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Performance of anti-corruption departments, courts receive cursory attention

By Venkatesh Nayak*
9th December has been designated by the United Nations as International Anti-Corruption Day. Even though India ratified the UN Convention Against Corruption (UNCAC) in 2011, this year, International Anti-Corruption Day went by uncelebrated and in fact almost unnoticed. According to a UN estimate, every year, US$ 1 trillion is paid in bribes and US$ 2.6 trillion are stolen through corruption – a sum equivalent to more than 5% of the global GDP.
In 2015, Transparency International (TI) rated India 76thamong 168 countries surveyed for people’s perceptions about how corrupt they perceived their governments to be. Countries like Bhutan (27), Chile (23), Ghana (56), Jordan (45), Namibia (45), Panama (72), Rwanda (44), Saudi Arabia (48), Senegal (61), Seychelles (40), South Africa (61) and Uruguay (21) scored better than India on TI’s corruption perceptions index (CPI). In the BRICS grouping, India keeps company with Brazil at 76th place while China is at 83 and Russia far below at 119.
The National Crime Records Bureau (NCRB) publishes a wealth of statistics in its annual Crime in India Report (Chapter 9) about the action taken by the government in the States and the Union Territories (UTs) on complaints of corruption. Yet, these statistics dealing with the performance of the anti-corruption departments and courts in tackling corruption have received cursory attention in the media. These statistics are also published in the form of datasets on the Open Data Portal.
The Commonwealth Human Rights Initiative (CHRI) has analysed statistics relating to corruption cases reported from the stage of registration to the stage of conviction, as reported by the NCRB, since the beginning of the 21st century. Some preliminary findings are:
  • As per NCRB data, between 2001-2015 a total of 54,139cases were registered across the 29 States and seven Union Territories (UTs). During this period, people filed more than double that number (1,16,010) of reports about being required to pay bribes, on the popular website – I Paid a Bribe;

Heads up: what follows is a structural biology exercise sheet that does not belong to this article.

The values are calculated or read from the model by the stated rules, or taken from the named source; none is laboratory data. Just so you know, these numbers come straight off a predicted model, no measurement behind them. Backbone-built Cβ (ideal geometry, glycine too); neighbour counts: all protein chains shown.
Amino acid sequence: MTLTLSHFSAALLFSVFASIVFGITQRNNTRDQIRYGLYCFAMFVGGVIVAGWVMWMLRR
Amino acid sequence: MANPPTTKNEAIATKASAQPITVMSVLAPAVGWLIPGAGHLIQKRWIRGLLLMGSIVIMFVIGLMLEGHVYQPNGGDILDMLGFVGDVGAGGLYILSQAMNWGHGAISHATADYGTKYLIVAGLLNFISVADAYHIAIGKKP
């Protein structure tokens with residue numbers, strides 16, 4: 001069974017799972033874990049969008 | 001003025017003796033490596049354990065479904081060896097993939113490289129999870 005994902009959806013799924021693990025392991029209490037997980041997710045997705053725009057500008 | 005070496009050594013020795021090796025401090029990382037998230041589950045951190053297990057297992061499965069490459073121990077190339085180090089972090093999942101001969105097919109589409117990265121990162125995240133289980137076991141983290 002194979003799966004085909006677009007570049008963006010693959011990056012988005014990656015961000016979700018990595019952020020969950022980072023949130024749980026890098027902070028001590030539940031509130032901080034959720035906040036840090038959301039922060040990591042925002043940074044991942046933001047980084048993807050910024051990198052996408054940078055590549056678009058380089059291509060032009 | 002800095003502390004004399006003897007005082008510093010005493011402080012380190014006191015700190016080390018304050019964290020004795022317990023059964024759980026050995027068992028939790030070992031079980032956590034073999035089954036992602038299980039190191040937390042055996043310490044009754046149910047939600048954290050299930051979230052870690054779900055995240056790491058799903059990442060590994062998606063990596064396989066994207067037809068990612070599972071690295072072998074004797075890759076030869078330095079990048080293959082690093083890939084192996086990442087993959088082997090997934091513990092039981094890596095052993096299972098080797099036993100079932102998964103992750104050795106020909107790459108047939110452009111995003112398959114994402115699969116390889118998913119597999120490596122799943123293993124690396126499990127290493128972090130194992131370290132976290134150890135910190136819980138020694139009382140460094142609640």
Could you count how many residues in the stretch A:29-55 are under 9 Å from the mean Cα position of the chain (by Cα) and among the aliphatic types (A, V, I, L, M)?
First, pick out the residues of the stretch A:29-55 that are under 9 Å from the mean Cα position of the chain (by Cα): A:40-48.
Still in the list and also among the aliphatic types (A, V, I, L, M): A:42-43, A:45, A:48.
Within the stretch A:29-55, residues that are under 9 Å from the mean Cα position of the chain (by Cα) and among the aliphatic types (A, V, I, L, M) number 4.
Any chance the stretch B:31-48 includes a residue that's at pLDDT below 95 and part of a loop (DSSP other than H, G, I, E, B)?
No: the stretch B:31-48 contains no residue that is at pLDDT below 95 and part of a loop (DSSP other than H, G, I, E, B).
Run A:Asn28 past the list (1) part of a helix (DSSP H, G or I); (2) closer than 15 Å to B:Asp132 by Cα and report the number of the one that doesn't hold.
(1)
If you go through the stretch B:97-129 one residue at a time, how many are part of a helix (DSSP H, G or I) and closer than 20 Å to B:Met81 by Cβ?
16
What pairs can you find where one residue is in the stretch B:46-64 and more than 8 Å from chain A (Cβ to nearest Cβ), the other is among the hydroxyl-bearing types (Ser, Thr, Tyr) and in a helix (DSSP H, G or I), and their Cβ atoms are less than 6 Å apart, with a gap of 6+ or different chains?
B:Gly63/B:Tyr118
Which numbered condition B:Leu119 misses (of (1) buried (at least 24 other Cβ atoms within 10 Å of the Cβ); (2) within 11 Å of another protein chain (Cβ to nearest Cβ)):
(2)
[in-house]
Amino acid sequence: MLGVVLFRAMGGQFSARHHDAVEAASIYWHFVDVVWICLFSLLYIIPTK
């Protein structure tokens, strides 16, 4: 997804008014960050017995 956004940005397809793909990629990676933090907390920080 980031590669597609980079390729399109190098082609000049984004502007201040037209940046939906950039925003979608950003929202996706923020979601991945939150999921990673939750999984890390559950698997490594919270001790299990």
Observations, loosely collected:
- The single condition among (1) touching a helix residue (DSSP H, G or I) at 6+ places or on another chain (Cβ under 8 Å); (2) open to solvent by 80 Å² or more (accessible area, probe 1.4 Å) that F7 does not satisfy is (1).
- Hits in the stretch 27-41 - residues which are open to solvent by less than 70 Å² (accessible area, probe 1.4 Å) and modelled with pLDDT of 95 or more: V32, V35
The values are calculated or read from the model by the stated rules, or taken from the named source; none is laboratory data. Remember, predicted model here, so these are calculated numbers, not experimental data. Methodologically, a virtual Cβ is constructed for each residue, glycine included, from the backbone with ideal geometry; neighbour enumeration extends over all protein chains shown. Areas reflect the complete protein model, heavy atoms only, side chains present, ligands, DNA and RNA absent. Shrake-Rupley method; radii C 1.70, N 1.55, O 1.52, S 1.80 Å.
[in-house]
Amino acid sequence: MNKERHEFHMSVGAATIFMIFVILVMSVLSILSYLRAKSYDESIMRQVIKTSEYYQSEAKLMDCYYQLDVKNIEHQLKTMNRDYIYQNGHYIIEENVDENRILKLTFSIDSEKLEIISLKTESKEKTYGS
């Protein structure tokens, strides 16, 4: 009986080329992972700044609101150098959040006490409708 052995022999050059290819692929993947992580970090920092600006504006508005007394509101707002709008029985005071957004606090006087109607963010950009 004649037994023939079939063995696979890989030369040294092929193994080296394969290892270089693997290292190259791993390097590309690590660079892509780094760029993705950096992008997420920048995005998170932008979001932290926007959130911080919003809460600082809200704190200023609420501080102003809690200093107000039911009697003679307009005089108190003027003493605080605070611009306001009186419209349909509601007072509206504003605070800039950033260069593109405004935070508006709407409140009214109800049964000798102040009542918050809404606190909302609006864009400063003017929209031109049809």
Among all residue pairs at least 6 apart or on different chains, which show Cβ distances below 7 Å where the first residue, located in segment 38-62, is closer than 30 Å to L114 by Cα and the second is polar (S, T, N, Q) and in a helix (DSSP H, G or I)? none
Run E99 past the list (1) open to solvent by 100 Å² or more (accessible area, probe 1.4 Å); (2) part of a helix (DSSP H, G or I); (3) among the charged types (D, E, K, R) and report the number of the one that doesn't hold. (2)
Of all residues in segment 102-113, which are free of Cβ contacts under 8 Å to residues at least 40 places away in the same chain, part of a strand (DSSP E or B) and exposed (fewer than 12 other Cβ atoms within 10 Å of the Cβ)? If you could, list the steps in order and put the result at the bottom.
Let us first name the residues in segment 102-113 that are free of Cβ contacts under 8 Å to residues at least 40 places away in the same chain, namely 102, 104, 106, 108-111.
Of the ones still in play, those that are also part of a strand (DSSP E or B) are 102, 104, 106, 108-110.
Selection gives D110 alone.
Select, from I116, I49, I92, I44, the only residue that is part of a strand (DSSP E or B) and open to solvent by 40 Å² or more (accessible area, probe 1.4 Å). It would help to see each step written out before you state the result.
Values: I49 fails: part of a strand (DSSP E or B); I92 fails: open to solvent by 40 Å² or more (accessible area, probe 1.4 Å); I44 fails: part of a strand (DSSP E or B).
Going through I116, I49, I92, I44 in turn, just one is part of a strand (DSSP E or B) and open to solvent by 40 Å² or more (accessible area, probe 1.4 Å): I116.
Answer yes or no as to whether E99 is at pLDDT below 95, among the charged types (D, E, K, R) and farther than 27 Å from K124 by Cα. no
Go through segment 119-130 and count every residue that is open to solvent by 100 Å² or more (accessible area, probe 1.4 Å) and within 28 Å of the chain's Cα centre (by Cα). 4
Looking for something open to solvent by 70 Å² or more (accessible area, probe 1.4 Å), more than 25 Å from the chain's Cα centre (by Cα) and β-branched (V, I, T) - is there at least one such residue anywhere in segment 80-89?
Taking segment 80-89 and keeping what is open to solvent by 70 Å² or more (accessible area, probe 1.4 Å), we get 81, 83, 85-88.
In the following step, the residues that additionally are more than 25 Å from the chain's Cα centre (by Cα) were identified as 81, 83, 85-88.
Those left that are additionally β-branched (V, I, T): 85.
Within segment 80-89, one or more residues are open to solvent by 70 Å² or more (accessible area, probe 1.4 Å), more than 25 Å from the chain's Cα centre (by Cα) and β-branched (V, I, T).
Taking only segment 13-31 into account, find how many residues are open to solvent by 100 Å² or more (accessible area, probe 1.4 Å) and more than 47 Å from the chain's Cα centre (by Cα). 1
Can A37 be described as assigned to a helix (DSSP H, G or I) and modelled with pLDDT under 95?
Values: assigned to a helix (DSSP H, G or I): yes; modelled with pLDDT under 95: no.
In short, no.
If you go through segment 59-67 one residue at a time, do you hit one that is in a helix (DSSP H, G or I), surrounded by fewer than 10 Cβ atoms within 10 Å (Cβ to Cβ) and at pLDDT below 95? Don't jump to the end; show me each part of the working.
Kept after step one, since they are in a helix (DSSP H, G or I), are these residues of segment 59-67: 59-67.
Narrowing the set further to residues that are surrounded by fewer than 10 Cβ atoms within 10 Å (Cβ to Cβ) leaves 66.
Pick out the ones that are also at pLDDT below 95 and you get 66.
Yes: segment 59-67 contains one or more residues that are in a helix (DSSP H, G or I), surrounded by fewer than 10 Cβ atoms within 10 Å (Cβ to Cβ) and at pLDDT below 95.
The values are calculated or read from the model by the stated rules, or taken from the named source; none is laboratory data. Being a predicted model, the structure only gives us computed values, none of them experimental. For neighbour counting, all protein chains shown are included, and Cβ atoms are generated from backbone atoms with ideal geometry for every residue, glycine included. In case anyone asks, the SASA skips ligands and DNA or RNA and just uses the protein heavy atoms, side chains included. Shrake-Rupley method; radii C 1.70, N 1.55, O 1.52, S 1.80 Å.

• Between 2001-2015, the NCRB reported the registration of a little more than 5 lakh cases of murder(5,01,852 cases) across the 29 States and seven UTs. In comparison, only 54,139 cases of corruption were registered during the same period. In other words, for ten murders registered, only one case of corruption was registered across the country;
  • During this 15-year period, the NCRB reported the registration of 87 lakh cases (5,87,347 cases) of kidnapping or abduction across the country. In other words, for 11 kidnappings or abductions registered across the country, only one case of corruption was registered by the law enforcement authorities;
  • Between 2001-2015, the NCRB reported the registration of 3.54 lakh cases of robbery across the country (3,54,453 cases). In other words, for a little more than 6 robberies registered, only one case of corruption was registered by the law enforcement agencies;
  • While 54,139 cases registered across the 29 States and seven UTs (irrespective of the outcome) trial was completed in 26% (29,920 cases). In other cases the accused were discharged or the FIR was quashed or the case was simply not put up for trial or the trial was still going on;
  • Kerala clocked the highest conviction rate among States that registered a large number of cases as a proportion of cases sent up for trial at 95%;
  • Despite several cases going up for trial no convictions have been reported from States such as West Bengal, Goa, Mizoram, Arunachal Pradesh, Tripuraand Meghalaya by the NCRB. In Manipur only one case is said to have reached conviction during this 15-year period;
  • Between 2001 and 2015, trials involving 43,394 individuals were completed across the 28 States (excluding Himachal Pradesh and seven UTs. 68.19% (29,591) of the accused were acquitted by courts during this 15-year period (excluding Himachal Pradesh). In other words, only 31.81% (13,803) of the accused were found guilty by courts;
  • In States like Goa, Manipur and Tripura the acquittals were 100%. All 30 accused were acquitted by courts in these States. In Andaman and Nicobar Islands the trial was completed in relation to one accused during this 15-year period resulting in acquittal;
  • Nagaland is the only State that bucked this trend with convictions of more than 90% of the accused. In all, 438 accused were convicted. Of these, 404 were convicted in 2014. In Assam also, convictions were much high (70%), despite fewer cases going up to and completing trial;
  • Almost 90%of the accused were acquitted in Jammu and Kashmir.

*Programme Coordinator, Access to Information Programme, Commonwealth Human Rights Initiative,New Delhi

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